BACKGROUND OF THE INVENTION

Two or more sensors are often used to detect different or even the same parameters. In one non-limiting example, a Forward Based X-Rand Radar subsystem may be used in a missile defense application to detect, track, and discriminate threats. Other radar subsystems such as a Sea-Based X-Band Radar may also be used in the missile defense application.

When a threat is launched, the missile and its warheads and decoys are tracked. A battle management center then receives the output from the various radar subsystems and deploys, sometimes automatically, an interceptor to destroy any threats. The radar subsystems output kinematic data (e.g., the number of detected objects, their location, speed, and trajectory) as well as classification data with assigned probabilities.

The classification data may discriminate, as between numerous detected objects, whether they are lethal or not, friend or foe, and their type (e.g., re-entry vehicle, decoy, and the like), among other classification criteria.

Each radar subsystem includes a unique database and software which outputs class probability vectors which are a function of the measurements obtained from the radar itself and the database of that radar subsystem. As between a Forward Based X-Band Radar subsystem and a Sea-Based X-Band Radar subsystem, for example, the respective measurements may be different for a given target. The respective radar databases may also be configured differently. And, the software based analysis carried out by each subsystem to analyze their measurements as a function of their respective databases may be different. This is especially true for radar subsystems supplied by different vendors and/or at different times or as between different versions in a product development effort.

So, one radar subsystem may provide, to the battle management center, a sensor class probability vector P1 as a function of its measurements Y1 and its database D1 and a different radar subsystem may provide a different sensor class probability vector P2 as a function of its measurements Y2 and its database D2.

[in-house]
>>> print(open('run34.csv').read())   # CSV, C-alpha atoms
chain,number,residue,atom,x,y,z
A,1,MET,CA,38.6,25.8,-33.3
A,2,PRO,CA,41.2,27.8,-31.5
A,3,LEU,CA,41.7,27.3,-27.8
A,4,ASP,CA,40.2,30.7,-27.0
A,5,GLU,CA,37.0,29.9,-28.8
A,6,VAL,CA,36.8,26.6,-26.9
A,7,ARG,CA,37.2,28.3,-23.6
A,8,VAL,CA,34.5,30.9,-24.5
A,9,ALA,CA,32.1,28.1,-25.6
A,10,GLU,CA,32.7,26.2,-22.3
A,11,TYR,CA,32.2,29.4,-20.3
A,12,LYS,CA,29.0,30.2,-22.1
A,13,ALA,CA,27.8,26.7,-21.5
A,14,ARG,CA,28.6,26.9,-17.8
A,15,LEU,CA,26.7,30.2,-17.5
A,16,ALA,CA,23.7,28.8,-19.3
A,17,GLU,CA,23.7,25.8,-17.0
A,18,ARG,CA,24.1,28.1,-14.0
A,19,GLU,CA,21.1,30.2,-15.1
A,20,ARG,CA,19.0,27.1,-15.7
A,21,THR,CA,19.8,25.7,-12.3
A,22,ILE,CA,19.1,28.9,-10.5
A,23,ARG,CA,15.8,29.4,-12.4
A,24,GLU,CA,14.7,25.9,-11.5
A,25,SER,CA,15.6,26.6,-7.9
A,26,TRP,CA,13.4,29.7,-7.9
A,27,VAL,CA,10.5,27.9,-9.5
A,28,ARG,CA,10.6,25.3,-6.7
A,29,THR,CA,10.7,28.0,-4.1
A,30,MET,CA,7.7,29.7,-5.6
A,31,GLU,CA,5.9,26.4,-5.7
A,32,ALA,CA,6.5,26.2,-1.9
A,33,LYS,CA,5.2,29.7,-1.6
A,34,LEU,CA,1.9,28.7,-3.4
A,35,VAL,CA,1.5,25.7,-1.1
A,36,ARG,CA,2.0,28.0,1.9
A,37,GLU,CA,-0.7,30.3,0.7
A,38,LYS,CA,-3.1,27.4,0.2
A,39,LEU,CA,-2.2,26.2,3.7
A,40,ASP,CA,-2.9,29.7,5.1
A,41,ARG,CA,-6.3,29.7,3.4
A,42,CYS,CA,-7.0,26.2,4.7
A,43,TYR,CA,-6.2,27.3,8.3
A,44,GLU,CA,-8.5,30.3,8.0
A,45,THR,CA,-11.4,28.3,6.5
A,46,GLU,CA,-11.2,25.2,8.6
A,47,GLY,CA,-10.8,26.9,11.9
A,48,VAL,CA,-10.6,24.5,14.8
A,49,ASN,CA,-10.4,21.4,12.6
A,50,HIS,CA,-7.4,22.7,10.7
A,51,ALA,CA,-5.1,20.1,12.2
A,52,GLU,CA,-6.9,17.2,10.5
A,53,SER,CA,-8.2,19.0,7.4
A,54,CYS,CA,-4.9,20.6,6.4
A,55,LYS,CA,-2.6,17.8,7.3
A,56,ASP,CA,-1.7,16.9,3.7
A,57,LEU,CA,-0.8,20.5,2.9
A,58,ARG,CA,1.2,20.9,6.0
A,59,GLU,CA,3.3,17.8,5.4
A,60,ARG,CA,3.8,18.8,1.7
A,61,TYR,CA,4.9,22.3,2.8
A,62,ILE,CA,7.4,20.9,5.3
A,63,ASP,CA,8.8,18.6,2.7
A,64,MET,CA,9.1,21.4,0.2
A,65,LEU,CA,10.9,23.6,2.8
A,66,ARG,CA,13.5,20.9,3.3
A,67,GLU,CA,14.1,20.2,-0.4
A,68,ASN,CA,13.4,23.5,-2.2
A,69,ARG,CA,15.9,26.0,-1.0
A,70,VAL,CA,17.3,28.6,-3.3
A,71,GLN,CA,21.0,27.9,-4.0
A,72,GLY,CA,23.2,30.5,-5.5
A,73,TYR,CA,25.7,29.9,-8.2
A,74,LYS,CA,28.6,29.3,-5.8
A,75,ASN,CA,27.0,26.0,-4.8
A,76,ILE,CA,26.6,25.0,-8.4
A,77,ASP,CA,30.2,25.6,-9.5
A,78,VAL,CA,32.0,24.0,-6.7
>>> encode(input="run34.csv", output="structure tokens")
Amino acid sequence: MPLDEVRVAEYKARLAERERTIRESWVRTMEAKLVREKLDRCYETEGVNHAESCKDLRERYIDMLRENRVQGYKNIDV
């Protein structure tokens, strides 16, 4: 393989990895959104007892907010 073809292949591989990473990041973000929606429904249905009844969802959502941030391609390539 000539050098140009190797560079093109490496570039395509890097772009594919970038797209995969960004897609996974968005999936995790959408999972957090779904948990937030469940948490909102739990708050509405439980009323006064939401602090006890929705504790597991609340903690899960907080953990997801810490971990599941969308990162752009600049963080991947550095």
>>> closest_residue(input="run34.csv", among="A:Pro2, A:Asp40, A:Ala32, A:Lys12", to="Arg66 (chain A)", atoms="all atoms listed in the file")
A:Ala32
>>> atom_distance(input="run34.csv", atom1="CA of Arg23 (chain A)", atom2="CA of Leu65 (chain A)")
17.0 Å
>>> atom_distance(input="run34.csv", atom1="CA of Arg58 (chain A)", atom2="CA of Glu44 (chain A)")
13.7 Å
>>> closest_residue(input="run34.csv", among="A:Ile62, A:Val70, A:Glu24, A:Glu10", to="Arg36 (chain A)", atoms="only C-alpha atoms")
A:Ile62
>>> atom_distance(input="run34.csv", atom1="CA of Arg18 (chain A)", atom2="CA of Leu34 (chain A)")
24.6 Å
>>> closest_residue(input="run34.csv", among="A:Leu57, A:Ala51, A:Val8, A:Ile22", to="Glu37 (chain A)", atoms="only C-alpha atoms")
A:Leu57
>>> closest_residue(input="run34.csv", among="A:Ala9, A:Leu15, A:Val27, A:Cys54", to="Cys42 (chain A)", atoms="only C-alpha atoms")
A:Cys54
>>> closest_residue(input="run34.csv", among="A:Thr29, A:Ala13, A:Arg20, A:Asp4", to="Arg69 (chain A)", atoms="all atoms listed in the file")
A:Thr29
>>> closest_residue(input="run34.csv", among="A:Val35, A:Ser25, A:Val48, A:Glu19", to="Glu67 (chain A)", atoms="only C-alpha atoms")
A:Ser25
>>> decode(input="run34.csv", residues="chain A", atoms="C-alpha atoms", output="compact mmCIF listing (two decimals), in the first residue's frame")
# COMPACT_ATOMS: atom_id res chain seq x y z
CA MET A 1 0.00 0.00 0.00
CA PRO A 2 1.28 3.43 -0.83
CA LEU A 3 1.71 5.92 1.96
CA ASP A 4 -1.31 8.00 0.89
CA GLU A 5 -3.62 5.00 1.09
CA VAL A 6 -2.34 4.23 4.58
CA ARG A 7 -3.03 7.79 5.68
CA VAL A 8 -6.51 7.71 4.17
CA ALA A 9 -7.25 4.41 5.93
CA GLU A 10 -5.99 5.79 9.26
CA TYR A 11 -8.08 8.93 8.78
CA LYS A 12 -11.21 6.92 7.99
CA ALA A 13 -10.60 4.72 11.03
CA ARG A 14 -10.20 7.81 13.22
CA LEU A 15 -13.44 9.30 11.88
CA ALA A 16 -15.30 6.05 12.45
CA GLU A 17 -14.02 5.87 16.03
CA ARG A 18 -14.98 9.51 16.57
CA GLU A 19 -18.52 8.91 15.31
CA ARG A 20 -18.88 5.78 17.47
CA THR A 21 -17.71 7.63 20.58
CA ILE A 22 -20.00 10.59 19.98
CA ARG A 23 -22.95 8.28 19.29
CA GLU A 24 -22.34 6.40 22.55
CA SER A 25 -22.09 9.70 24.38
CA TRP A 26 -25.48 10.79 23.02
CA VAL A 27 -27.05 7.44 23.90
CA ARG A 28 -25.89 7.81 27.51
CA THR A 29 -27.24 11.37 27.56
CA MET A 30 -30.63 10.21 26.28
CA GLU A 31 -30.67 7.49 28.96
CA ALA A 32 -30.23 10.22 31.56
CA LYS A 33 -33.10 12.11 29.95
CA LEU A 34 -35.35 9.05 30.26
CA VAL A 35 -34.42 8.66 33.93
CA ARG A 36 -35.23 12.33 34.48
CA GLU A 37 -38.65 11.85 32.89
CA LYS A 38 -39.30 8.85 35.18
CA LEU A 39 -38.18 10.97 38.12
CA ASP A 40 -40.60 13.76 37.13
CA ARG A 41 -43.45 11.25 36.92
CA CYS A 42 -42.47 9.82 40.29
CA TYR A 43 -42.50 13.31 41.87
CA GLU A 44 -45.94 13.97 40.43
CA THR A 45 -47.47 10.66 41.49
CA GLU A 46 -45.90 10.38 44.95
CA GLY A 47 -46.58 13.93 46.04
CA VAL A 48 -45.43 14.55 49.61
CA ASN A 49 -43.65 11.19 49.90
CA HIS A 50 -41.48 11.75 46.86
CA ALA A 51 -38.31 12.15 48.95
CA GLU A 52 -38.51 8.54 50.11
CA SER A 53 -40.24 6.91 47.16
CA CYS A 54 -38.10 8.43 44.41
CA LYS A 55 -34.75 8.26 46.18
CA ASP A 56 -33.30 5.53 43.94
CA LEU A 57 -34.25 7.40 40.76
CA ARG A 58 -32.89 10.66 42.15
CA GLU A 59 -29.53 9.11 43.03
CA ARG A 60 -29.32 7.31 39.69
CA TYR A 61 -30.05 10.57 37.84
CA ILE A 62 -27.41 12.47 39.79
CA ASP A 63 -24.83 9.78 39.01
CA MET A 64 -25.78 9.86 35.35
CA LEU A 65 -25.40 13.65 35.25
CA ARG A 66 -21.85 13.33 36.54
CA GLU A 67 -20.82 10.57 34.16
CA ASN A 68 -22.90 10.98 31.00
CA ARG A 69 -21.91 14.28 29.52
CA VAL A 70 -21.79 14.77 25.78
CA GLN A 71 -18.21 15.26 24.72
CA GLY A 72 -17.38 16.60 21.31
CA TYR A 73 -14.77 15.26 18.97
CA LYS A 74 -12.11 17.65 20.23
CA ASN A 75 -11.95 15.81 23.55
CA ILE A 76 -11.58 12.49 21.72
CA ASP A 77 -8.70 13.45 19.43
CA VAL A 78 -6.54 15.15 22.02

It would be advantageous, then, to configure the different radar subsystems to transmit their actual measurements to the battle management center and classify potential threats based on all the incoming measurements. Currently, because of the configuration of the various radar subsystems, this is not possible. Also, the data communications interfaces would have to change.

Multiplying and normalizing the probability vectors from each radar subsystem does not work because correlations are ignored. Other possible solutions either fail to yield accurate results or are difficult to implement.

SUMMARY OF THE INVENTION

It is therefore an object of this invention to provide a new method of and system for resolving and fusing the output of multiple sensors.

It is a further object of this invention to provide such a method and system which can be used not only in a missile defense application but also in other applications.

It is a further object of this invention to provide such a method and system which, when employed in a missile defense application, provides better protection.

It is a further object of this invention to provide such a method and system which, in any environment, is more accurate and more reliable.

It is a further object of this invention to provide such a method and system which is fairly simple, fast, and which operates in real time.

It is a further object of this invention to provide such a method and system which improves the discrimination of multi-sensor data.

It is a further object of this invention to provide such a method and system which does not require a change to the communication interfaces.

It is a further object of this invention to provide such a method and system which requires less memory and computational effort.